Brian Rosser

Brian  Rosser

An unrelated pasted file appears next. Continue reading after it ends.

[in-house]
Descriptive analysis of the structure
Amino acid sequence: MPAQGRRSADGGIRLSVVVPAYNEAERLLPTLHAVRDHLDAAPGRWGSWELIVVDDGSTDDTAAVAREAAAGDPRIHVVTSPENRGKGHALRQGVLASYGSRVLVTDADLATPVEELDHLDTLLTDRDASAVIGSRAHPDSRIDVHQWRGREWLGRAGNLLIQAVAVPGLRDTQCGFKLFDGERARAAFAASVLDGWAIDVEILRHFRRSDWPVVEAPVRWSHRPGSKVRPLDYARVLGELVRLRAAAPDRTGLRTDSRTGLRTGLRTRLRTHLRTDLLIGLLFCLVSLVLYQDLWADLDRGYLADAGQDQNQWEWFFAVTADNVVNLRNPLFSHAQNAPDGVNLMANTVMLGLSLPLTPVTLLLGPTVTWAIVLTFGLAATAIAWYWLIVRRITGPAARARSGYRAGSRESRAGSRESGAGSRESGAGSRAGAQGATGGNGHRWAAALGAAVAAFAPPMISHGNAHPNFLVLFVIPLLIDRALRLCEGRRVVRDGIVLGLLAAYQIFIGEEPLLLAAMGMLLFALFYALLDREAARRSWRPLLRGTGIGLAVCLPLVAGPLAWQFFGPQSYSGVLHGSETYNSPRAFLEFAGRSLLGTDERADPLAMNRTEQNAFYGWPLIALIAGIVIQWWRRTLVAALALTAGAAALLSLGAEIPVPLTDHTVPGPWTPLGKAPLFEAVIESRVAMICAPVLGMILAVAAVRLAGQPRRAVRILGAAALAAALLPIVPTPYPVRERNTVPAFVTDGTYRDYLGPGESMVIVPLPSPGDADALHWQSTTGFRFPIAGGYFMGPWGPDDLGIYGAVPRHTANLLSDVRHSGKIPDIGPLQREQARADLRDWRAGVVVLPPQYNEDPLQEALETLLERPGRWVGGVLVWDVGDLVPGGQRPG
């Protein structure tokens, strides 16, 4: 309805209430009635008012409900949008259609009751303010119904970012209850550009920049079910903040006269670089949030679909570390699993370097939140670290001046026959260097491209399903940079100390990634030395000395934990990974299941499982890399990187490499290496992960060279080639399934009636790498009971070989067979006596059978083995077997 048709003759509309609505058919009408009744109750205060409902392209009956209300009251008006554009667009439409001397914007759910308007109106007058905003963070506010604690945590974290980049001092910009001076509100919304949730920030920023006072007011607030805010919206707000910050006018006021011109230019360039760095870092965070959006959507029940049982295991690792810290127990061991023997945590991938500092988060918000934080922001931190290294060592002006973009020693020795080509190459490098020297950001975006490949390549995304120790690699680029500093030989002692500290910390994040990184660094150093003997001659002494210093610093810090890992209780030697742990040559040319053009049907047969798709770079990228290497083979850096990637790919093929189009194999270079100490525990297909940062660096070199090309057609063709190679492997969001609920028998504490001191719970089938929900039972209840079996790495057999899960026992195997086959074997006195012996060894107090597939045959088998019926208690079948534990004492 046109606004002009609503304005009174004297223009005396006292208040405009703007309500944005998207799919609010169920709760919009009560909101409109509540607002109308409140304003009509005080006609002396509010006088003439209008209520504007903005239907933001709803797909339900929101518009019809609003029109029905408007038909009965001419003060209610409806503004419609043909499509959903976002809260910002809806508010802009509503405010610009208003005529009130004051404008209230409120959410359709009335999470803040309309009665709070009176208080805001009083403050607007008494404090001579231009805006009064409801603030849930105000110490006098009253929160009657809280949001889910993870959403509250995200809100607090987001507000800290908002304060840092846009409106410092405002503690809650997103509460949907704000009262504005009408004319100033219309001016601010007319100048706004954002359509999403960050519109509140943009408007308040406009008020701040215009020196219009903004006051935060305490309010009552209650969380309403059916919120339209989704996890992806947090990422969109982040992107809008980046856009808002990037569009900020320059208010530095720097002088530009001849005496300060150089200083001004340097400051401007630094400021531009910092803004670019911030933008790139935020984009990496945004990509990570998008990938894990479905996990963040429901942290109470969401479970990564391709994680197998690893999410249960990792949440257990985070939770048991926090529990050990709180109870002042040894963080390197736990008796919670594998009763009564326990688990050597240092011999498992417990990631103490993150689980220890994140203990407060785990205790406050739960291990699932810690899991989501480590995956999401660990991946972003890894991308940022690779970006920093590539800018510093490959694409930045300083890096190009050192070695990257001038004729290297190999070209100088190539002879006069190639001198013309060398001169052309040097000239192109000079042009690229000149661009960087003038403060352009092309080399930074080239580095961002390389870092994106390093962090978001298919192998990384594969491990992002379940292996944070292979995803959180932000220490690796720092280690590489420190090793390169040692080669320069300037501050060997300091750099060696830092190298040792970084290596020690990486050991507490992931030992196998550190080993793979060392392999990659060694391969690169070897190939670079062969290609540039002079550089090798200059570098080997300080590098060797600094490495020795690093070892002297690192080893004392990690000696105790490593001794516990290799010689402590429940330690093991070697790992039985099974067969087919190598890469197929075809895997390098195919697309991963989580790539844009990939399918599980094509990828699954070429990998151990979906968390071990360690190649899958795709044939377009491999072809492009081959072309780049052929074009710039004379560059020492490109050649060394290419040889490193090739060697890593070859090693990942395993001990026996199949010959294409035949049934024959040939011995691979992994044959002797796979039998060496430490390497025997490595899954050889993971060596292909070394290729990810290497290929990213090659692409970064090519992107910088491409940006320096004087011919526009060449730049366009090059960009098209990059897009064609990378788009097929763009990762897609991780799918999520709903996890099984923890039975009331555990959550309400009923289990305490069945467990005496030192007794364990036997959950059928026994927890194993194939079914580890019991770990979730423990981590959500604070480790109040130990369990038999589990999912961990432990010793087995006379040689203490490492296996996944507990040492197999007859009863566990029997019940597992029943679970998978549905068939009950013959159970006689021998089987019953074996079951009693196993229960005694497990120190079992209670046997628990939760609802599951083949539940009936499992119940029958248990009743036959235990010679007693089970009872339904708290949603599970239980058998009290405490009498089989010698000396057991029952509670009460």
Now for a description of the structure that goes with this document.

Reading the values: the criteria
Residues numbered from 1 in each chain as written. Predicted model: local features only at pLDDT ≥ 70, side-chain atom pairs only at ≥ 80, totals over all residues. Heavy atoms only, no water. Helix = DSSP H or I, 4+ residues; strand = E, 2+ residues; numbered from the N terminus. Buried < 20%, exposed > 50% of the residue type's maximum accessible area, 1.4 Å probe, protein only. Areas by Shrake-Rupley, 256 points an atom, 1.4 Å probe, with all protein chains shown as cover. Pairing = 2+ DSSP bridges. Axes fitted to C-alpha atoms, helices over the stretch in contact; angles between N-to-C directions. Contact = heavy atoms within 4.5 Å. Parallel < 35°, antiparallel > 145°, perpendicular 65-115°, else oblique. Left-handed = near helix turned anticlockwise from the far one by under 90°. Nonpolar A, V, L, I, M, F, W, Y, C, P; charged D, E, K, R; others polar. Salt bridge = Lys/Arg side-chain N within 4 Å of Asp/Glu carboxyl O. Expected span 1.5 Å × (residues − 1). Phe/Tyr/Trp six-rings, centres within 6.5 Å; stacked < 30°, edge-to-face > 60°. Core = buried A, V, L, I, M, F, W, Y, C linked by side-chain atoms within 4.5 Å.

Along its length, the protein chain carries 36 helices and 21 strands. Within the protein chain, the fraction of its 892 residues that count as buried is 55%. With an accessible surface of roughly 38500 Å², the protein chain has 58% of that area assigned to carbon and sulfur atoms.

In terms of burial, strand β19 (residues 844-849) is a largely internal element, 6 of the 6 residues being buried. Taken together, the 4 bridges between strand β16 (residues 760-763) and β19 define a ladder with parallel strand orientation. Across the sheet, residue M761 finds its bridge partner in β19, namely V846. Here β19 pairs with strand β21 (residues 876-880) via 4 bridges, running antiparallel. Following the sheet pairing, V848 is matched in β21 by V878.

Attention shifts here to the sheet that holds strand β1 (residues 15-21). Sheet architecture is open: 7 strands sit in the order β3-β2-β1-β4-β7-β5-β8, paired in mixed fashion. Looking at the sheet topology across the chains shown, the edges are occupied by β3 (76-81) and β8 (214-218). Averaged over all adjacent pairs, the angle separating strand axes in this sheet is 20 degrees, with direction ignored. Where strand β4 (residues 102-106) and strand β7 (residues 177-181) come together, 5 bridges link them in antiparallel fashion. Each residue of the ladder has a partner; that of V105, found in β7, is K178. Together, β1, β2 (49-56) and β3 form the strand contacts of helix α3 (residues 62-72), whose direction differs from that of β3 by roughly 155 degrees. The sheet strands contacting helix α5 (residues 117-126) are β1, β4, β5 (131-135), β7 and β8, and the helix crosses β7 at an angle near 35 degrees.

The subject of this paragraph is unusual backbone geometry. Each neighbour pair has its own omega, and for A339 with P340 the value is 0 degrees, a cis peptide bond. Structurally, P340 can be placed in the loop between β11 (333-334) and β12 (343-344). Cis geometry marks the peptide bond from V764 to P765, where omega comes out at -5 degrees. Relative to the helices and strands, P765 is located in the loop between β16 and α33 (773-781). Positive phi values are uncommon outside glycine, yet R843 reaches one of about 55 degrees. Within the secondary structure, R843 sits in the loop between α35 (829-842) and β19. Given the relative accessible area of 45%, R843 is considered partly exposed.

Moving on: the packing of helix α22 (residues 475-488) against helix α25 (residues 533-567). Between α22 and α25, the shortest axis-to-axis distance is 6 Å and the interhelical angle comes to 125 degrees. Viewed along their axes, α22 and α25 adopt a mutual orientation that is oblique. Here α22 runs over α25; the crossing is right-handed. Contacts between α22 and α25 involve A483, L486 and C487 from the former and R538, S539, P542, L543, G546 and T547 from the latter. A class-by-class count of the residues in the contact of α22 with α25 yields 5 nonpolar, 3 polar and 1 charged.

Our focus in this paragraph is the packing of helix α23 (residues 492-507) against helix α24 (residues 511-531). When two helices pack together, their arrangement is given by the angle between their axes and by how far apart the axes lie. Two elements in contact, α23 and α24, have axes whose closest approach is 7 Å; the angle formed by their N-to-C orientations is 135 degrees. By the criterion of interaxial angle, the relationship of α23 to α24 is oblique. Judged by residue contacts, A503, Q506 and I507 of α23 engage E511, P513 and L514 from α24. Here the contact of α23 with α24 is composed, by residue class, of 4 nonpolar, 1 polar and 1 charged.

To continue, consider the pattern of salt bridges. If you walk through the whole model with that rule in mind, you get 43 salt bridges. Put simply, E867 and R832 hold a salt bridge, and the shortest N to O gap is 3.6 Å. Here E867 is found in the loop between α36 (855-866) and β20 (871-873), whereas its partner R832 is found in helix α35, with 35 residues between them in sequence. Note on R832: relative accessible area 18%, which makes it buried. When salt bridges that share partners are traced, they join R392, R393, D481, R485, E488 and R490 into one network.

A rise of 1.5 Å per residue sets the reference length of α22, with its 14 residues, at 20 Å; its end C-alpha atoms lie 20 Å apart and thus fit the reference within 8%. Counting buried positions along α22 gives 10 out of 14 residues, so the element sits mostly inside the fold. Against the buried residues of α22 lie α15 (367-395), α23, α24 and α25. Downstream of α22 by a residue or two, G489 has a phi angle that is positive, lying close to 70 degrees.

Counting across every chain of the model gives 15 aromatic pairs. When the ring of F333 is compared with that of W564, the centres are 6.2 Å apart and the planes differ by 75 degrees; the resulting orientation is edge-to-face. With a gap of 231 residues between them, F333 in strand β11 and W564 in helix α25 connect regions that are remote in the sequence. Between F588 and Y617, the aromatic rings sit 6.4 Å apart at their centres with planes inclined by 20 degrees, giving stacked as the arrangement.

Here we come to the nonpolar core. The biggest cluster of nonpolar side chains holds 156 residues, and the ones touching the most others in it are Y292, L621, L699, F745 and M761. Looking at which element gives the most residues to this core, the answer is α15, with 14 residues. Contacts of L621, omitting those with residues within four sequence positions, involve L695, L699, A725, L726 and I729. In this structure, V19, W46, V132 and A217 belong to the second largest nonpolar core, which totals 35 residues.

The only way for us to acknowledge our common ground and precipitate authentic progress in our individual lives, as well as in the political sphere, is to commit to understanding reality itself. What happened is what happened. If I ever learn that I have shared information that is either false or misleading, I tend to feel deep personal shame; I tend to feel as though I have let my potential constituency down. If I ever share inconvenient truths with my audience, I do so knowing that it may offend the confirmation bias of those who already support me. The truth outweighs such a risk. I do so because facts matter. I PROUDLY take the Pro-Truth Pledge. I do so with an understanding that we are all susceptible to fake news and partisan Disinformation. When I am corrected by another, I feel that I owe a debt to the person, even if it what I wanted to hear. In my mind, they have offered me an invaluable service. They have filled gaps in my knowledge that had been left empty and could have remained as such had they not challenged the falsehoods I would have unknowingly had them believe to be true. I will identify and acknowledge my own speculation as exactly that: speculation. I welcome and commit to the truth. I hold my fact-checker friends in high esteem and welcome their input. No matter how ugly, it is our truths that connect us all. We are welcome to interpret the truths according to our own philosophies, but in its absence, we are indeed, at the mercy of those who would deceive us for their own benefit.